We speak your language.

Everywhere.

ADAPT takes over Transline Documentaciones S.L.

With effect from 15 August 2015, ADAPT is taking over the operating business and personnel of Transline Documentaciones S.L., the Spanish subsidiary of the Transline Group. The subsidiary, which has its headquarters in Barcelona, will be handing over its activities to ADAPT Localization Services España S.L.U., based in the same city.

ADAPT is taking over all of Transline Documentaciones‘ day-to-day business activities and employees, and integrating these into its own structures. Maite Gorriz Dasca and her translation teams will continue to be responsible for providing service to existing customers and processing their orders.

Ms Gorriz will be relocating with immediate effect to the newly acquired ADAPT office, and can be contacted at the following address:

ADAPT Localization España S.L.U.
c/Almogàvers 66, 4º A
08018 Barcelona
Tel.: +34 931 833034

ADAPT is delighted with this new addition to its family and extends a very warm welcome to the customers and employees of Transline Documentaciones!

  0 Comments
0 Comments

Bad Movie Titles Seldom Come Alone

Bad Movie Titles Seldom Come Alone

What did you think of the film adaptation of John-le-Carré’s “Queen, King, Ace, Spy” (“König, Dame, Ass, Spion”)? Never heard of it? Chances are you have! It’s the back translation of the German title of the 2011 movie „Tinker, Tailor, Soldier, Spy“ with Gary Oldman and Colin Firth. It’s also a nice example of the pitfalls of movie title localization. Granted, the nursery rhyme “Tinker, Tailor” is not commonly known in Germany and the deck of cards pun works quite well for a spy story. Were it not for the 1998 movie “Lock, Stock & Two Smoking Barrels” that came to German movie theatres as “Jack, Queen, King, Weed” (“Bube, Dame, König, Gras“). Or 1972′s “King, Queen, Jack” (“König, Dame, Bube”), the German title for the Nabokov book and movie “King, Queen, Knave”. You would think that there are more than one puns and word plays in the German language.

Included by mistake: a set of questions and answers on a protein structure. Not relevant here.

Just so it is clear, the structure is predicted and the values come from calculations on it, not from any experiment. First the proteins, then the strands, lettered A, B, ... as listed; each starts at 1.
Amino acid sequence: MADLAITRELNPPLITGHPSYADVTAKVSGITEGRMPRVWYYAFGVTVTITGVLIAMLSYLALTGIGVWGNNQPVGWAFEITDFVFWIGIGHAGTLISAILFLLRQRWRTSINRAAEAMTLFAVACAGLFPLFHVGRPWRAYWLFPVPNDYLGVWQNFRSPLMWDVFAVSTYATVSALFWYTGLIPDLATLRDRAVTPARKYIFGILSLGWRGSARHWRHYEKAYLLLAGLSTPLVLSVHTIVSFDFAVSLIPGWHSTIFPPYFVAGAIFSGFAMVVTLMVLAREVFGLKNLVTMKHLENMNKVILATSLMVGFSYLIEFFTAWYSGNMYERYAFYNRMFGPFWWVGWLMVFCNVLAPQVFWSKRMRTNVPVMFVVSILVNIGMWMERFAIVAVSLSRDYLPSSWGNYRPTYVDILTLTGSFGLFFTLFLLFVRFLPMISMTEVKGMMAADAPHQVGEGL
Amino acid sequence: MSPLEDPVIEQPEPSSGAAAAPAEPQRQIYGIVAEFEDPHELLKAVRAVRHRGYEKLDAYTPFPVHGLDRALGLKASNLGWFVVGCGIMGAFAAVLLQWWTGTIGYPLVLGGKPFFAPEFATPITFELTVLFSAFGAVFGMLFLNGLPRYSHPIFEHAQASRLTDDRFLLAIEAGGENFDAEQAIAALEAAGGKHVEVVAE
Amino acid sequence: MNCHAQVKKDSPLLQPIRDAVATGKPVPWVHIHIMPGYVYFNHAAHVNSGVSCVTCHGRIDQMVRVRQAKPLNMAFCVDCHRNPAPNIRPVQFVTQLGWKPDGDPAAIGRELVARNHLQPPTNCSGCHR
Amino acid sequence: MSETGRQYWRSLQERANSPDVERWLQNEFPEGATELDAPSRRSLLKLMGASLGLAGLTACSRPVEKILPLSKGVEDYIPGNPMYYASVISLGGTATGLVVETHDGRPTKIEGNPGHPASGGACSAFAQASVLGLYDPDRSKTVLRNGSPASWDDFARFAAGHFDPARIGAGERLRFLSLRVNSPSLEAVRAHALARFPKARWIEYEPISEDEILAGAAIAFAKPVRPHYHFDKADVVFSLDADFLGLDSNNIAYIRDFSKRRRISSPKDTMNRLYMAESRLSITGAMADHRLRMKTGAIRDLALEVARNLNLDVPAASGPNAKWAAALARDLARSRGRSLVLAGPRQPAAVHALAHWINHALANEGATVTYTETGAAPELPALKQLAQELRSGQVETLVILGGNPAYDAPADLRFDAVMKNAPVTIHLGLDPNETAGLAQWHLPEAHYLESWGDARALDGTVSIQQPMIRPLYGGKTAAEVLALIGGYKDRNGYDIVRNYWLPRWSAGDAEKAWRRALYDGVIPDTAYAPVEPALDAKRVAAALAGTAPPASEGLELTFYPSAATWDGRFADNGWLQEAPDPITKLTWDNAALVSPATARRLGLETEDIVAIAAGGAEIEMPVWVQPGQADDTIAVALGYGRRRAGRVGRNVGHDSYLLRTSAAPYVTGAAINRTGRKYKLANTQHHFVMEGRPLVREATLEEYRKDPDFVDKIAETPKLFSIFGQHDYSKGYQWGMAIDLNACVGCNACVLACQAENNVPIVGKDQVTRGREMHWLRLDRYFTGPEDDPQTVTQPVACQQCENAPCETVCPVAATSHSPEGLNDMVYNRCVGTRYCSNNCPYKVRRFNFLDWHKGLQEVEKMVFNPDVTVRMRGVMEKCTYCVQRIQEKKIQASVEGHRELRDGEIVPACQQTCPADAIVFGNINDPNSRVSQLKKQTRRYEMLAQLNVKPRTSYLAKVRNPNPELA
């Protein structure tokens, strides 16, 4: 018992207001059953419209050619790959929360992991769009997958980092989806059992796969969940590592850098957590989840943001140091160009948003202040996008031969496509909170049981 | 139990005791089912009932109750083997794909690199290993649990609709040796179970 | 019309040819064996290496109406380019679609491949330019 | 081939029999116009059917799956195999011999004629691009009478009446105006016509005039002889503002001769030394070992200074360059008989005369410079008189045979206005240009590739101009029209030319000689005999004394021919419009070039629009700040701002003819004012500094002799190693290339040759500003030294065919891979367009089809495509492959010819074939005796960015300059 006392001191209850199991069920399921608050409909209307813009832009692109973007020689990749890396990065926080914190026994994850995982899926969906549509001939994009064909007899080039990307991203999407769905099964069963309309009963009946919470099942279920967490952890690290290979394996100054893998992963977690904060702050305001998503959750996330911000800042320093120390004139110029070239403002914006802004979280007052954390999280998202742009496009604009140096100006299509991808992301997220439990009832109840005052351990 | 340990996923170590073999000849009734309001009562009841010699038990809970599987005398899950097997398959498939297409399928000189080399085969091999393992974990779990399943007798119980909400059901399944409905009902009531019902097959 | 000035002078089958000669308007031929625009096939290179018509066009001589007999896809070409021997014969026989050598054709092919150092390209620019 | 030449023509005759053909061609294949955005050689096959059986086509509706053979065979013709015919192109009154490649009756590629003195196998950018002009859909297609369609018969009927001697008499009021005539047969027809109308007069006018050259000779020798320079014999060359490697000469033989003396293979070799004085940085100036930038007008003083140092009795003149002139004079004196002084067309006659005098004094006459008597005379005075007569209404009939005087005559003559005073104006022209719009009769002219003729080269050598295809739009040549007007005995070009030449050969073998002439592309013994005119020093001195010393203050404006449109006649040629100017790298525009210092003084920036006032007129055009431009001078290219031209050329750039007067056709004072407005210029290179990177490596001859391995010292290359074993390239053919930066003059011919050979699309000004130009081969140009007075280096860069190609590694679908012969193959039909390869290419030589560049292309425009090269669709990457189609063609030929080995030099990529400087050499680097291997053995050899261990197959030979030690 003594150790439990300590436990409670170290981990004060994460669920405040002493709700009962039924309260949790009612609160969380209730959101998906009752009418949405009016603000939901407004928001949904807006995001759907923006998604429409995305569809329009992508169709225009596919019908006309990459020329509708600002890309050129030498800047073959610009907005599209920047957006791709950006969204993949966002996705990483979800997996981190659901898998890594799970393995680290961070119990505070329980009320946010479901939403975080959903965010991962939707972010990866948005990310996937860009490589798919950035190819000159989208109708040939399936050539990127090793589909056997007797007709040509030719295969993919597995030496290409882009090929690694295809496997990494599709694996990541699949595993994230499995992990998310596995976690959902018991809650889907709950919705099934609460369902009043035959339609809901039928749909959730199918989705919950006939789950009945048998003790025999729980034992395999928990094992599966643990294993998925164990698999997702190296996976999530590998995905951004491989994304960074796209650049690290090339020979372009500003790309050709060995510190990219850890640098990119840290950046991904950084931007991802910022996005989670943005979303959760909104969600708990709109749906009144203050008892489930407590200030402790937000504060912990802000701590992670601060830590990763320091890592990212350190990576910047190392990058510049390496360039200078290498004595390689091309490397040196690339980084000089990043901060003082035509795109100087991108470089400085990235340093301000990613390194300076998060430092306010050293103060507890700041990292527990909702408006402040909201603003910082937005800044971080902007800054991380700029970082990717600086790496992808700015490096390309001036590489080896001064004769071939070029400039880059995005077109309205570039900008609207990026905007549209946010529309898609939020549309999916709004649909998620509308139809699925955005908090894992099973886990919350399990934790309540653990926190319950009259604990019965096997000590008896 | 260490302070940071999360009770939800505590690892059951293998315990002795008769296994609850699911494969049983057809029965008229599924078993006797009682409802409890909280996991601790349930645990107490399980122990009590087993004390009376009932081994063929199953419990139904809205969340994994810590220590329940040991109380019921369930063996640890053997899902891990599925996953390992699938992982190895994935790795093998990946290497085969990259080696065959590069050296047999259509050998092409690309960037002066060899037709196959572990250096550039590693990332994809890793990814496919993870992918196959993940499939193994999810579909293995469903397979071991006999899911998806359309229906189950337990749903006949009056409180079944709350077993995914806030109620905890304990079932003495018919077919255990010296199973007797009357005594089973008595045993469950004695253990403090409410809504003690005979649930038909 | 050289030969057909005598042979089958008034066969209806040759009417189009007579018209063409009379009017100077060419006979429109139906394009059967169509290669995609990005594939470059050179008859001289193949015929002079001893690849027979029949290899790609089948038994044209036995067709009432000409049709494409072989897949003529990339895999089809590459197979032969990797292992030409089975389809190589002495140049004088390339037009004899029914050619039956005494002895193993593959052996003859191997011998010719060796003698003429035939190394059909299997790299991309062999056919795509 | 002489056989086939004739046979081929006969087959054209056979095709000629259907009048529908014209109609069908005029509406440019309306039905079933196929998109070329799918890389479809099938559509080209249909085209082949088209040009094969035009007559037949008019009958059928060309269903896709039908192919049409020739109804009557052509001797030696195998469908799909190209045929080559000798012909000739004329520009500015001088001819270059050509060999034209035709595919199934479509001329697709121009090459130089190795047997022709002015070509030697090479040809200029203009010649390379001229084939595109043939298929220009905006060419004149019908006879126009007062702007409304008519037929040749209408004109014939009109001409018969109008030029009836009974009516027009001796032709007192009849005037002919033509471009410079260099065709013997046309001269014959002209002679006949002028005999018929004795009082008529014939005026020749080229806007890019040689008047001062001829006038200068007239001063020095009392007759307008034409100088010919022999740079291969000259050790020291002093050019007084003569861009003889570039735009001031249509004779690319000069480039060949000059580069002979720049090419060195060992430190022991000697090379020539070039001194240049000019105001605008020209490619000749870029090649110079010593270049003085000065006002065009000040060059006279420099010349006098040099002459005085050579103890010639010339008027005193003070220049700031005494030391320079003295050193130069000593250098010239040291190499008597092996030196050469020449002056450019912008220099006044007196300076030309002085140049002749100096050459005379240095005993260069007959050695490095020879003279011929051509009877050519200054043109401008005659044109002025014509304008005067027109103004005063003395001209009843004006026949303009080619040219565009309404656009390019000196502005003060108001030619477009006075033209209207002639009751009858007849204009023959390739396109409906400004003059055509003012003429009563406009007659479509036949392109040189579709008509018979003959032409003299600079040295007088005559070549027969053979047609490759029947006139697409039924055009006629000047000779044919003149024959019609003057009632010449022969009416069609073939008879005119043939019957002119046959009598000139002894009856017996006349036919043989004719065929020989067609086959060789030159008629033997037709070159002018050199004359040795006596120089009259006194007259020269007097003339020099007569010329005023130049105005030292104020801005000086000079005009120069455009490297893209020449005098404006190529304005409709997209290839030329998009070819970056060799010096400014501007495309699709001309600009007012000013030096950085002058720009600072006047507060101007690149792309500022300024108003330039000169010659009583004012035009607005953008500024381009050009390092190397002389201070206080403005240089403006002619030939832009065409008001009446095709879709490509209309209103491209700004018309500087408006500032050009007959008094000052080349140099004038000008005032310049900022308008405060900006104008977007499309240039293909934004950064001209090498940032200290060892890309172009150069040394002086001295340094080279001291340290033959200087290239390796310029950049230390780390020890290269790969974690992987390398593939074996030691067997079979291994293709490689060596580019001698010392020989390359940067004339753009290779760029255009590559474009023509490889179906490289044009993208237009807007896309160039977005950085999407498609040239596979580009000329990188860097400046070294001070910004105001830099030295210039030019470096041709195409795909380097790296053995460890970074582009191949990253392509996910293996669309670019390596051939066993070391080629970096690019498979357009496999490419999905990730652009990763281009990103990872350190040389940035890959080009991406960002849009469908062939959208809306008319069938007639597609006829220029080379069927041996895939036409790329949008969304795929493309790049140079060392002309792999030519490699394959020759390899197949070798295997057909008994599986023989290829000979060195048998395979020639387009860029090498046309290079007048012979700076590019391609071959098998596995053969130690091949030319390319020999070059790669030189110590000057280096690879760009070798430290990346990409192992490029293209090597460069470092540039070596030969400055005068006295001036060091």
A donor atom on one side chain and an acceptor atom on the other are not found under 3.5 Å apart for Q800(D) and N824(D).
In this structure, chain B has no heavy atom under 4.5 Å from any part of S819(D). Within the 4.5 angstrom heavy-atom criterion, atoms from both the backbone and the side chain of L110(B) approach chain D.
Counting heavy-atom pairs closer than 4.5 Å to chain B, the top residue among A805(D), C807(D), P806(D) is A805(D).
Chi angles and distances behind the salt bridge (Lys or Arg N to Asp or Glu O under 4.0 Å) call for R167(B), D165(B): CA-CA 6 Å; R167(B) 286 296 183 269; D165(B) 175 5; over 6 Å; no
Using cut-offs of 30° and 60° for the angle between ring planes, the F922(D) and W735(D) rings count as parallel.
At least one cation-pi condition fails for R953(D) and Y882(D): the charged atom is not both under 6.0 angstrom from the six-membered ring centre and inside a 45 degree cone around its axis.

In 1983 the Steve Martin movie “The Lonely Guy” was distributed in Germany as “A Single Seldom Comes Alone” (“Ein Single kommt selten allein”) – a rather senseless movie title adaptation that immediately became the magic weapon for all untranslatable movie titles. There was “A Twin Seldom Comes Alone” (“Ein Zwilling kommt selten allein“, original title: “The Parent Trap“), “Martians – An Alien Seldom Comes Alone” (“Martians – Ein Außerirdischer kommt selten allein“, original title: “Spaced Invaders”), “A Duke Seldom Comes Alone” (“Ein Duke kommt selten allein“, original title: “The Dukes of Hazzard“), “A Brat Seldom Comes Alone” (“Eine Zicke kommt selten allein“, original title: “Uptown Girls”), “A Ghost Seldom Comes Alone” (“Ein Geist kommt selten allein“, original title: “Believe”). In 2004 the meme rose from the dead once more as “A Zombie Seldom Comes Alone” (“Ein Zombie kommt selten allein“, original title: “Shaun of the Dead“). Other unfortunate German movie title translations are the infamous “My Partner with the Cold Snout” (“Mein Partner mit der kalten Schnauze“, original title: “K9“), “I Think an Elk is Kissing Me” (“Ich glaub mich knutscht ein Elch“, original title: “Stripes”) or my all time favourite “Red Eagle” (“Black Eagle“).

Continue reading
  0 Comments
0 Comments